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I read on various forums people referring to IMGs scoring double 99s and not accepted at any program.

What's double 99? since step I has average score in 200 range and perfect theoretical score of 300. I thought 99 means percentile. ??
Double 99 = 235+ on Step I, 240+ on Step II. I find it hard to believe that someone with those numbers didn't get accepted to any programs unless they chose to send out only 4 apps (MGH, Yale, JHU, and UCSF).
 

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USMLE site is very recondite about this - their web site says mean is 210-230 depending on the year and SD is 20 - so does that mean a 240 is 75th percentile and a 260 means you scored higher than 95 % of those taking step 1 ?
 

McGillGrad

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It means that you are more competitive than people without a double 99.

It is used by program directors to more easily differentiate candidates. Instead of setting an arbitrary 3-digit score, the two digit score allows a group of similar candidates to be filtered through. Since the exam has a roughly 6 point margin of error, it is easier to set 99 as a cut-off (since a 236 could be 242 on a good day or vice versa) than 240, because it covers a larger group within the margin of error.
 

kjamess

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what is the significance of two digit score now that 99 is being given to those with a score of 228 or 229? And how is this two digit score calculated anyway?
 

hrandani

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2 digit score is being phased out. I've never heard of a program director using it over the three digit anyway. There is no significance.

I heard it originated as a percentile, but it most definitely is no longer calculated that way.
 

ArcGurren

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what is the significance of two digit score now that 99 is being given to those with a score of 228 or 229? And how is this two digit score calculated anyway?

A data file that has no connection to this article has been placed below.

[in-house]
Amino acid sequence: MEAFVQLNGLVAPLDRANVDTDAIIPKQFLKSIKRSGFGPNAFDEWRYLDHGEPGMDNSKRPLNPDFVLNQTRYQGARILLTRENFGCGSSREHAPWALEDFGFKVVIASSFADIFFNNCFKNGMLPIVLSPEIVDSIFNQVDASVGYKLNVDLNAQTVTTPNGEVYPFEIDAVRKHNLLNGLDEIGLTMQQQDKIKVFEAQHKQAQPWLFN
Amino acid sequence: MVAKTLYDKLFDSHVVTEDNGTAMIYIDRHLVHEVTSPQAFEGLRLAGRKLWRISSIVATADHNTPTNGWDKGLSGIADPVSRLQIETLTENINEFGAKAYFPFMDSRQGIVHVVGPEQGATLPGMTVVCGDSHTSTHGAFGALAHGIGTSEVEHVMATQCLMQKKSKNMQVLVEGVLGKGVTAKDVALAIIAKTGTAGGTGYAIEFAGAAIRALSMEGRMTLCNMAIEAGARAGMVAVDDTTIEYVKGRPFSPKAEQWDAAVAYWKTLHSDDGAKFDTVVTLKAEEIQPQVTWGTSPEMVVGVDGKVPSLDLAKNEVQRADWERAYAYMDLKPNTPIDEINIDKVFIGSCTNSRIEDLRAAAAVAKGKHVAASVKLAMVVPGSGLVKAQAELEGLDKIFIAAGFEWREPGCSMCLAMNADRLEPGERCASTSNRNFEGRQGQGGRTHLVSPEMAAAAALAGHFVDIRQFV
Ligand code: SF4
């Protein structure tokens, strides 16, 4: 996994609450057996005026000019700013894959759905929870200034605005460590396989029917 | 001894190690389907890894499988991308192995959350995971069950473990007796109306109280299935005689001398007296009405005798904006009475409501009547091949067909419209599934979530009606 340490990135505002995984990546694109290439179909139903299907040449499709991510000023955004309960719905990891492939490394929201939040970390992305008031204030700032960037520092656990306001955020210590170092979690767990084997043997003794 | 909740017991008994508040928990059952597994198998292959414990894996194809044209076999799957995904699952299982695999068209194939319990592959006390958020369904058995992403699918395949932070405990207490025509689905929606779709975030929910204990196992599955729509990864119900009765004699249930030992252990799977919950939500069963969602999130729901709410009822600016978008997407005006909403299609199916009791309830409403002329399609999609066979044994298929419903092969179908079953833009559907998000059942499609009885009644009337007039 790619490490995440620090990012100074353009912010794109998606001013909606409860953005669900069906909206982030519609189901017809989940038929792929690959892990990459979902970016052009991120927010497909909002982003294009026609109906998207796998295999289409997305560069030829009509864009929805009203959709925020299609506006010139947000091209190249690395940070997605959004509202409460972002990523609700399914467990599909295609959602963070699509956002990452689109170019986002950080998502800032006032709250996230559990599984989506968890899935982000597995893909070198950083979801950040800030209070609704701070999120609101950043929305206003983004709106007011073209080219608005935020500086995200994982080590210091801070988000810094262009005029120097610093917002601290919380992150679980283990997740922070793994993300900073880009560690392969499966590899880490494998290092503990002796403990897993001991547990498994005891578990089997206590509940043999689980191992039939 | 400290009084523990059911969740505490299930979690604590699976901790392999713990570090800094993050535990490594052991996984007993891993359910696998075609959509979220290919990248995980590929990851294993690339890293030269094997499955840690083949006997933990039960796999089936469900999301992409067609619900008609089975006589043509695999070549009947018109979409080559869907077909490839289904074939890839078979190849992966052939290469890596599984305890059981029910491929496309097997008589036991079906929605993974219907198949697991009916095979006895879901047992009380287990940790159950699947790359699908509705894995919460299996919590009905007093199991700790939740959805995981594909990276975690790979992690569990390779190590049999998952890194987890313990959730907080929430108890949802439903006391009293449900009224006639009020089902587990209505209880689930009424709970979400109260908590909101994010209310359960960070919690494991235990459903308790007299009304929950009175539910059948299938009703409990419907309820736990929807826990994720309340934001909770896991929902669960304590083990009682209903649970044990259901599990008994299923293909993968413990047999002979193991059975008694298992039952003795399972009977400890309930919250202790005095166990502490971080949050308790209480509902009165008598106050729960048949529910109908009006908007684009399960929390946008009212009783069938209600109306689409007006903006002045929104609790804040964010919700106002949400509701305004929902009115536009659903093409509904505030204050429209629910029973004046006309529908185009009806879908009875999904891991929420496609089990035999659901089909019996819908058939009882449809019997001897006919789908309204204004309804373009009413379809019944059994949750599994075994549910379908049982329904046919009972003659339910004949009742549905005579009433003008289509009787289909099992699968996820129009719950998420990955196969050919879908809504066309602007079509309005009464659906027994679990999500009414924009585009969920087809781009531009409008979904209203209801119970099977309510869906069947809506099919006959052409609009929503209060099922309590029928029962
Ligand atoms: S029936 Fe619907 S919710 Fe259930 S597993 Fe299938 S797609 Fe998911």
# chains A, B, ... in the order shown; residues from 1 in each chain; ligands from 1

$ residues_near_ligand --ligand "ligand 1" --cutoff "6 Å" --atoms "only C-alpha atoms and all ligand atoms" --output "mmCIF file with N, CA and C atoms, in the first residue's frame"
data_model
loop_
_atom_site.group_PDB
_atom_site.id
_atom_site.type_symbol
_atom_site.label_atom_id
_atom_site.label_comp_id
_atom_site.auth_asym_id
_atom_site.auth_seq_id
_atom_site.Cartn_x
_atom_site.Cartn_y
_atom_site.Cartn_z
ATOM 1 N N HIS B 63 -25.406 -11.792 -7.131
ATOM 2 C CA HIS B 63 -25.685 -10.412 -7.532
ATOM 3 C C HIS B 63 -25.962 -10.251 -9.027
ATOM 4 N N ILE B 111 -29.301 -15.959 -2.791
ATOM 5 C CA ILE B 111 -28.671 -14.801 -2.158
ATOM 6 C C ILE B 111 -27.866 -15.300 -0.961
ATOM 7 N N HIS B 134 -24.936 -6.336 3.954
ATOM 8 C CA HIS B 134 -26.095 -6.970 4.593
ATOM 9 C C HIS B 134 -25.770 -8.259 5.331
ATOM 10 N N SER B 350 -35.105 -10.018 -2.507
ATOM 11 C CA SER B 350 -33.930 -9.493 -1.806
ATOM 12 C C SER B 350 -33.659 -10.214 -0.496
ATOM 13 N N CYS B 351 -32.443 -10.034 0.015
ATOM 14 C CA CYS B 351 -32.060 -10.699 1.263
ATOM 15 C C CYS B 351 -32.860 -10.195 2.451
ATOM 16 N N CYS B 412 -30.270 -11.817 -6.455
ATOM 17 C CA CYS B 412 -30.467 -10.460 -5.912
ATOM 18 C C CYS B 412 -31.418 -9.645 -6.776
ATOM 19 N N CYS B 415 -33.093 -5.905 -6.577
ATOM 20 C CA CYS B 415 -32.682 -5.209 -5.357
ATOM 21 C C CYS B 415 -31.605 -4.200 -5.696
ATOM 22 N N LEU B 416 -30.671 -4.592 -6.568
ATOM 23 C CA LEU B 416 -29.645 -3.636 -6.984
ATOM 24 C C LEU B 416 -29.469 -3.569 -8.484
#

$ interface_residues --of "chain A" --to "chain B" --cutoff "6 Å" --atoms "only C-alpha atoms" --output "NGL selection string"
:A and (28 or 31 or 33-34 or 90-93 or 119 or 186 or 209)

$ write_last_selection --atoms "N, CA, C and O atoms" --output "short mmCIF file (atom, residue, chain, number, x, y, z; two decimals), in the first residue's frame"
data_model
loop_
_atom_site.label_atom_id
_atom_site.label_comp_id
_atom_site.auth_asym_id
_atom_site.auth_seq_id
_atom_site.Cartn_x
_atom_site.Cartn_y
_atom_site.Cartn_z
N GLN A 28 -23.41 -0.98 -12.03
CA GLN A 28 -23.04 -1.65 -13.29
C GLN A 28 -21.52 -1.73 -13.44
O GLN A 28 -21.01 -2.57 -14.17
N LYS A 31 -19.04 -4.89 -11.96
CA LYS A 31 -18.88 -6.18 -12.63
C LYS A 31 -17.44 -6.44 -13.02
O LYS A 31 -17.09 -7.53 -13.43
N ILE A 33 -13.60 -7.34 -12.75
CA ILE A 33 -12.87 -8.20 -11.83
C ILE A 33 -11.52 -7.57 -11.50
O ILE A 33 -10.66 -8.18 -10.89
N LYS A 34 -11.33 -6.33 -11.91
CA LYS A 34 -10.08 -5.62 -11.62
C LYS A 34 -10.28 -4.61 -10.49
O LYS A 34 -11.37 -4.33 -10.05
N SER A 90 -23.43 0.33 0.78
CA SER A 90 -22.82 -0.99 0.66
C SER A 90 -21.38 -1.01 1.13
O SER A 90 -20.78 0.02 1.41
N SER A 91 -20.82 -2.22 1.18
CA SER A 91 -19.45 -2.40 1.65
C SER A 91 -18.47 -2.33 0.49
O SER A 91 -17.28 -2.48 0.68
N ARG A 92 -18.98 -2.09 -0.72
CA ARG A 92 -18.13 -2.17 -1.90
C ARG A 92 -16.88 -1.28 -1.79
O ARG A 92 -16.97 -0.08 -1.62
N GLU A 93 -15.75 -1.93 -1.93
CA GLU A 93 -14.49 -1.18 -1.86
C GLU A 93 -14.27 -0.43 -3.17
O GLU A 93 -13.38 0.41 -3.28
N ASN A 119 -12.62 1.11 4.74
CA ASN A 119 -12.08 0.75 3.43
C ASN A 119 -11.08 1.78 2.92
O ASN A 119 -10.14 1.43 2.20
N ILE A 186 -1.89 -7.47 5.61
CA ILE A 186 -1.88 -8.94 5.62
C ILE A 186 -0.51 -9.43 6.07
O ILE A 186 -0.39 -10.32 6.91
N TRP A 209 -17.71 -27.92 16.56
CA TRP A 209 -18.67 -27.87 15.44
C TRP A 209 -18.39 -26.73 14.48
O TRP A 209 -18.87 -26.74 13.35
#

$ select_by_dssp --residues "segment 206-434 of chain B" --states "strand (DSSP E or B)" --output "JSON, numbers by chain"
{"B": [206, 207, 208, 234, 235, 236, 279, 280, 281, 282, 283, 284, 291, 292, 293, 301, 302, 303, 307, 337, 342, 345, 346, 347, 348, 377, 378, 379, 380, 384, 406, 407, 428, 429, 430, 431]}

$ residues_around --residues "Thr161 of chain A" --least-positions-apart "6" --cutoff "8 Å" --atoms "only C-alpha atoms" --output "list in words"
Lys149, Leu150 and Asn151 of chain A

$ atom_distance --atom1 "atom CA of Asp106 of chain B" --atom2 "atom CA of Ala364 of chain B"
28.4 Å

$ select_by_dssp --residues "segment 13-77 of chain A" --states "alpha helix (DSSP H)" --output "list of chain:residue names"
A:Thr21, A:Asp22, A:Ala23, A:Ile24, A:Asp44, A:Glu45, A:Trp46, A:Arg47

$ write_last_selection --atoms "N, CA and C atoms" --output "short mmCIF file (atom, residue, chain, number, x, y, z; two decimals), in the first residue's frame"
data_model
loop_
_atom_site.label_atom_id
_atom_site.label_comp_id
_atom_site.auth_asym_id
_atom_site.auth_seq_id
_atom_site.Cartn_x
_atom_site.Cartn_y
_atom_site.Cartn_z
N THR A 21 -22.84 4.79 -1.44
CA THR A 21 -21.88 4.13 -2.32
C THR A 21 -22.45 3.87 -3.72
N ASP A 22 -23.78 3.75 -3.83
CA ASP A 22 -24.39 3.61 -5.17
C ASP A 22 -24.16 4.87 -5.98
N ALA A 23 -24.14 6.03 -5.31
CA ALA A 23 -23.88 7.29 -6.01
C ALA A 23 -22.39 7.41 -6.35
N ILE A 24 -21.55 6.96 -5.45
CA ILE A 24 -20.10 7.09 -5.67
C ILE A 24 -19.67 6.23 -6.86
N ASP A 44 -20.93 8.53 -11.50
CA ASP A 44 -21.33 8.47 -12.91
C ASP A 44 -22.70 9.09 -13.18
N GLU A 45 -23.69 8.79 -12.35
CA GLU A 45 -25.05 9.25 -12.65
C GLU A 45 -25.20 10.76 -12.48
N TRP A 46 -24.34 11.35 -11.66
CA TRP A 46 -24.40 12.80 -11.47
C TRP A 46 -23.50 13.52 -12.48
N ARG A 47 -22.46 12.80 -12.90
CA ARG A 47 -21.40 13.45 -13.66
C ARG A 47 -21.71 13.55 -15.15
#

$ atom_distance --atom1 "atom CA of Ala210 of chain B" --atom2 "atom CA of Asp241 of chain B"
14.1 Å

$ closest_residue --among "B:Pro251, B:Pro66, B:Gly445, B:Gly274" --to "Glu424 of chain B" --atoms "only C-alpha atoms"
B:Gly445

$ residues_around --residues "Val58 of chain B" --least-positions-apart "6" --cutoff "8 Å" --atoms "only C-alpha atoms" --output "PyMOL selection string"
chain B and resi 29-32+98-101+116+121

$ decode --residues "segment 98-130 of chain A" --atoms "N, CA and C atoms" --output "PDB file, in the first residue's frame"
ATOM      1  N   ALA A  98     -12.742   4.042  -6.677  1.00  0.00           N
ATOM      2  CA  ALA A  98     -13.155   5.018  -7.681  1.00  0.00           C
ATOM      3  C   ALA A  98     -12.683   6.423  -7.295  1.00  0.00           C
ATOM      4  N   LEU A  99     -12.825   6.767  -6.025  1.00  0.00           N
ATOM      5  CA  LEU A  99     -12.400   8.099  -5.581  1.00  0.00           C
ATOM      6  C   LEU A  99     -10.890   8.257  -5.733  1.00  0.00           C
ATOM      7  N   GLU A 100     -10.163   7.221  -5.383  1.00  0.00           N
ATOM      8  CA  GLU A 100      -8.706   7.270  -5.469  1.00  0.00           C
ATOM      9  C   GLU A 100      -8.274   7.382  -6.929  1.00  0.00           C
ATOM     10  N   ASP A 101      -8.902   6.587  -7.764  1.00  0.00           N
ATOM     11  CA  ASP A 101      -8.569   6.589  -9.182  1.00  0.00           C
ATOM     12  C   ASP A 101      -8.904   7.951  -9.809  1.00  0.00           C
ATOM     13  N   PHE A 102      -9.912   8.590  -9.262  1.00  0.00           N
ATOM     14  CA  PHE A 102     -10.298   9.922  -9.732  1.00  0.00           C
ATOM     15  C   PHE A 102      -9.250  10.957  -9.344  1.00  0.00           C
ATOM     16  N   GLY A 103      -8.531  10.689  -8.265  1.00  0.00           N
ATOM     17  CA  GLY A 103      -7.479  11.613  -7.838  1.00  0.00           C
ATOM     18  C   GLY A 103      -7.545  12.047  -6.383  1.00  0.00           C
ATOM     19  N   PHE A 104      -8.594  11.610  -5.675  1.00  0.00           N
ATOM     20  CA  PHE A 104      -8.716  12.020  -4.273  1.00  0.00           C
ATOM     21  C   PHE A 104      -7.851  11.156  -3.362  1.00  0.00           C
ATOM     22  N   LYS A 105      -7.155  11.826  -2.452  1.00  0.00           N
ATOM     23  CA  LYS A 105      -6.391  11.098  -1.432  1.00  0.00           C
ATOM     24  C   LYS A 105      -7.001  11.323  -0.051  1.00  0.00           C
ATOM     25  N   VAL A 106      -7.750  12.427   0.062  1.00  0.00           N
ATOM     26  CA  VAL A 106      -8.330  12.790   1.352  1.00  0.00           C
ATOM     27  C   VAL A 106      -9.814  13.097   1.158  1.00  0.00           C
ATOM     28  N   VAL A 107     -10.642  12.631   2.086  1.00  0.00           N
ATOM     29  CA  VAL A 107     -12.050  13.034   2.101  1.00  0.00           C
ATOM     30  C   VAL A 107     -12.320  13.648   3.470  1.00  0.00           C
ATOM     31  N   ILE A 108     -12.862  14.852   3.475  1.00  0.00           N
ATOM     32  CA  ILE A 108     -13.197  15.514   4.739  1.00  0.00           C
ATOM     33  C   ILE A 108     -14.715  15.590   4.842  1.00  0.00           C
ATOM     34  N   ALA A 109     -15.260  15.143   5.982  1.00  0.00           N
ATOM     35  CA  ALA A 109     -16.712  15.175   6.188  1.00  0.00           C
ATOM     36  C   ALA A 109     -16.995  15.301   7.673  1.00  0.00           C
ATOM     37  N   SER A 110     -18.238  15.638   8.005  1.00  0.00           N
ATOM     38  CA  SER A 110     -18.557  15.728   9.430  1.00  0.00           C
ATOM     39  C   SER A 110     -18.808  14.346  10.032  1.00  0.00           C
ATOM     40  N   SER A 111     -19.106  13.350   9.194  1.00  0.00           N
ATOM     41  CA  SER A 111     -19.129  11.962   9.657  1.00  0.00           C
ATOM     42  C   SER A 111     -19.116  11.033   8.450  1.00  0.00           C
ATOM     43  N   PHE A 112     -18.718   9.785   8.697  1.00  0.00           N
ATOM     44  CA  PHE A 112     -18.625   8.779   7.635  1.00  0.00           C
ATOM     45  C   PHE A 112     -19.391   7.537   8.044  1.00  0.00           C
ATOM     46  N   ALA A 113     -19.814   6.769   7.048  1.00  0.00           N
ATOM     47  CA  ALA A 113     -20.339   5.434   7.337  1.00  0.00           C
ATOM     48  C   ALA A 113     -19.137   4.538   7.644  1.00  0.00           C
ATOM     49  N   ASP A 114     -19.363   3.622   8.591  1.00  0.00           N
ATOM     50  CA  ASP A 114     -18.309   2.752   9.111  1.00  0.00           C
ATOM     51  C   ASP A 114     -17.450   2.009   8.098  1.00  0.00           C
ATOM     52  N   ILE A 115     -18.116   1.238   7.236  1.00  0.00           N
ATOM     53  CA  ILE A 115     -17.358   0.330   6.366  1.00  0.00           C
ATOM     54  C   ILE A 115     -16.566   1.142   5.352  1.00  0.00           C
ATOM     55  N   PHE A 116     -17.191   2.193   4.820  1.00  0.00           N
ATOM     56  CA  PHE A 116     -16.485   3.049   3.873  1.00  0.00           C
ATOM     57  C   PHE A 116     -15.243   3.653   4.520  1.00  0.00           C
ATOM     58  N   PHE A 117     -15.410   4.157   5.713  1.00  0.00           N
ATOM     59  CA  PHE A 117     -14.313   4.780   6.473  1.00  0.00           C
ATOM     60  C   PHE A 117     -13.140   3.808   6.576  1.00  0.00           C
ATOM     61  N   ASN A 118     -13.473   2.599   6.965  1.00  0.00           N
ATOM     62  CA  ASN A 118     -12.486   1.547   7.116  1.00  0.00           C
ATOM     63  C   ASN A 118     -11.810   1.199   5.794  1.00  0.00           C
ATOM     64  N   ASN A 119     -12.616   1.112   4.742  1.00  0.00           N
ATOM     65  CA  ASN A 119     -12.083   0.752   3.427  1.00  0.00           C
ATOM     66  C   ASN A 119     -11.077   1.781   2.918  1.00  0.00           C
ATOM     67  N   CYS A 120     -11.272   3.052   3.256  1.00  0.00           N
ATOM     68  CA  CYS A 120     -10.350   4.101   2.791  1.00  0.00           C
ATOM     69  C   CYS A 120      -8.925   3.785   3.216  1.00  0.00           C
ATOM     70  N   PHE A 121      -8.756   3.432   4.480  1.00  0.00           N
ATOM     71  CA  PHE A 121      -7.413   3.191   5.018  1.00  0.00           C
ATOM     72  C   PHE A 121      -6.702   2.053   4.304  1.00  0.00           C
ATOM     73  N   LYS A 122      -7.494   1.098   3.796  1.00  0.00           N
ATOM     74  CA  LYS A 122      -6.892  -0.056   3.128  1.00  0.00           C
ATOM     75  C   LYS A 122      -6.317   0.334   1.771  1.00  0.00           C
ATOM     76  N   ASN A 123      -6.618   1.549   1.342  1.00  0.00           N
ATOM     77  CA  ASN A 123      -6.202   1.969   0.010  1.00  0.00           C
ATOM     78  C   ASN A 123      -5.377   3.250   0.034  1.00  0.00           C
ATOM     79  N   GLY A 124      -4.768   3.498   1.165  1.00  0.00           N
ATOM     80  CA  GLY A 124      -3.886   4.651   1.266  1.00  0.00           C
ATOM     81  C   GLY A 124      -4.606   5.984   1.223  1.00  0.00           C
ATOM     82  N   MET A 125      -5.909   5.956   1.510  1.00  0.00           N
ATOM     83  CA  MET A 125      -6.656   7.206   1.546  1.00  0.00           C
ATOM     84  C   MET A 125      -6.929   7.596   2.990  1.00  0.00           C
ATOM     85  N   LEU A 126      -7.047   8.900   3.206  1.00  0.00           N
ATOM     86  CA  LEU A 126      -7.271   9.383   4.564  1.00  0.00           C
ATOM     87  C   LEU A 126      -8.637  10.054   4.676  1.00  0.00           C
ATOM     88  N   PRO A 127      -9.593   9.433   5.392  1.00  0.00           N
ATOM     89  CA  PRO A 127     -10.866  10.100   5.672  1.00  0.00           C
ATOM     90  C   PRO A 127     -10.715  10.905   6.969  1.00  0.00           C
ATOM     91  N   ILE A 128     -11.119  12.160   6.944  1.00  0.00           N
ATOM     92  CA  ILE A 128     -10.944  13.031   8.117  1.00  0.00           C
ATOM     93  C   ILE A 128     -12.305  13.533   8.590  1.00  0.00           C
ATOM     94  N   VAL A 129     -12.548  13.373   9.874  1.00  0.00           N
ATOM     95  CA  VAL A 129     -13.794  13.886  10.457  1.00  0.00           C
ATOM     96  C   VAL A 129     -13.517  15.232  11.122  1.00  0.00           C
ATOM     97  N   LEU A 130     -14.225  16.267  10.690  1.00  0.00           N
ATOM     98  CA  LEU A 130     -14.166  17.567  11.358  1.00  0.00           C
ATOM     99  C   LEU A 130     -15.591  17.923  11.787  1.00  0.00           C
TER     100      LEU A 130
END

Residencies no longer get your 2 digit score on ERAS, they filter purely by 3 digit score. I think it's more or less a remnant of an old scoring system, along with the fact that some programs used to use it just for IMGs. My parents were also confused when I was explaining this to them, as I have an IMG cousin who got a 99 and I had to explain to them (to their consternation) that 99 =/= 99th percentile.
 

lord_jeebus

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The only reason the 2 digit score exists is that a few state medical boards are required by their state laws to only issue licenses to applicants with USMLE scores of "75" or greater on a two-digit scale.

This also means that while the passing 3-digit score can be changed, 75 will always be a minimum pass.
 

Siverhideo1985

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What's the mathematical difference between the two scores?
 

HalladayWeekend

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Do programs take into account the standard error of measurement when doing score cutoffs (i.e. if score cutoff is 250 and SEM of 6, would those with 244+ make the cutoff?)
 

SmokD

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I tend to use the two digit scores when talking to people not familiar with the test. Too many questions when you give em the 3 digit score =/
 

MeatTornado

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I tend to use the two digit scores when talking to people not familiar with the test. Too many questions when you give em the 3 digit score =/
you mean you use the 2 digit score because it makes your score sound more impressive

its pretty easy to say "i got 2xx" and the national average is 222 with a sd of 24
 

SmokD

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you mean you use the 2 digit score because it makes your score sound more impressive

its pretty easy to say "i got 2xx" and the national average is 222 with a sd of 24
Well, I'm technically not lying. Not my fault they assume its better than it is :cool:
 

ArcGurren

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you mean you use the 2 digit score because it makes your score sound more impressive

its pretty easy to say "i got 2xx" and the national average is 222 with a sd of 24
Yeah and it's not entirely a normal distribution either... a 250 is around 94th percentile for example, where on the normal curve it should be closer to the 85th percentile (my math sucks though, this is just an approximation)
 

hrandani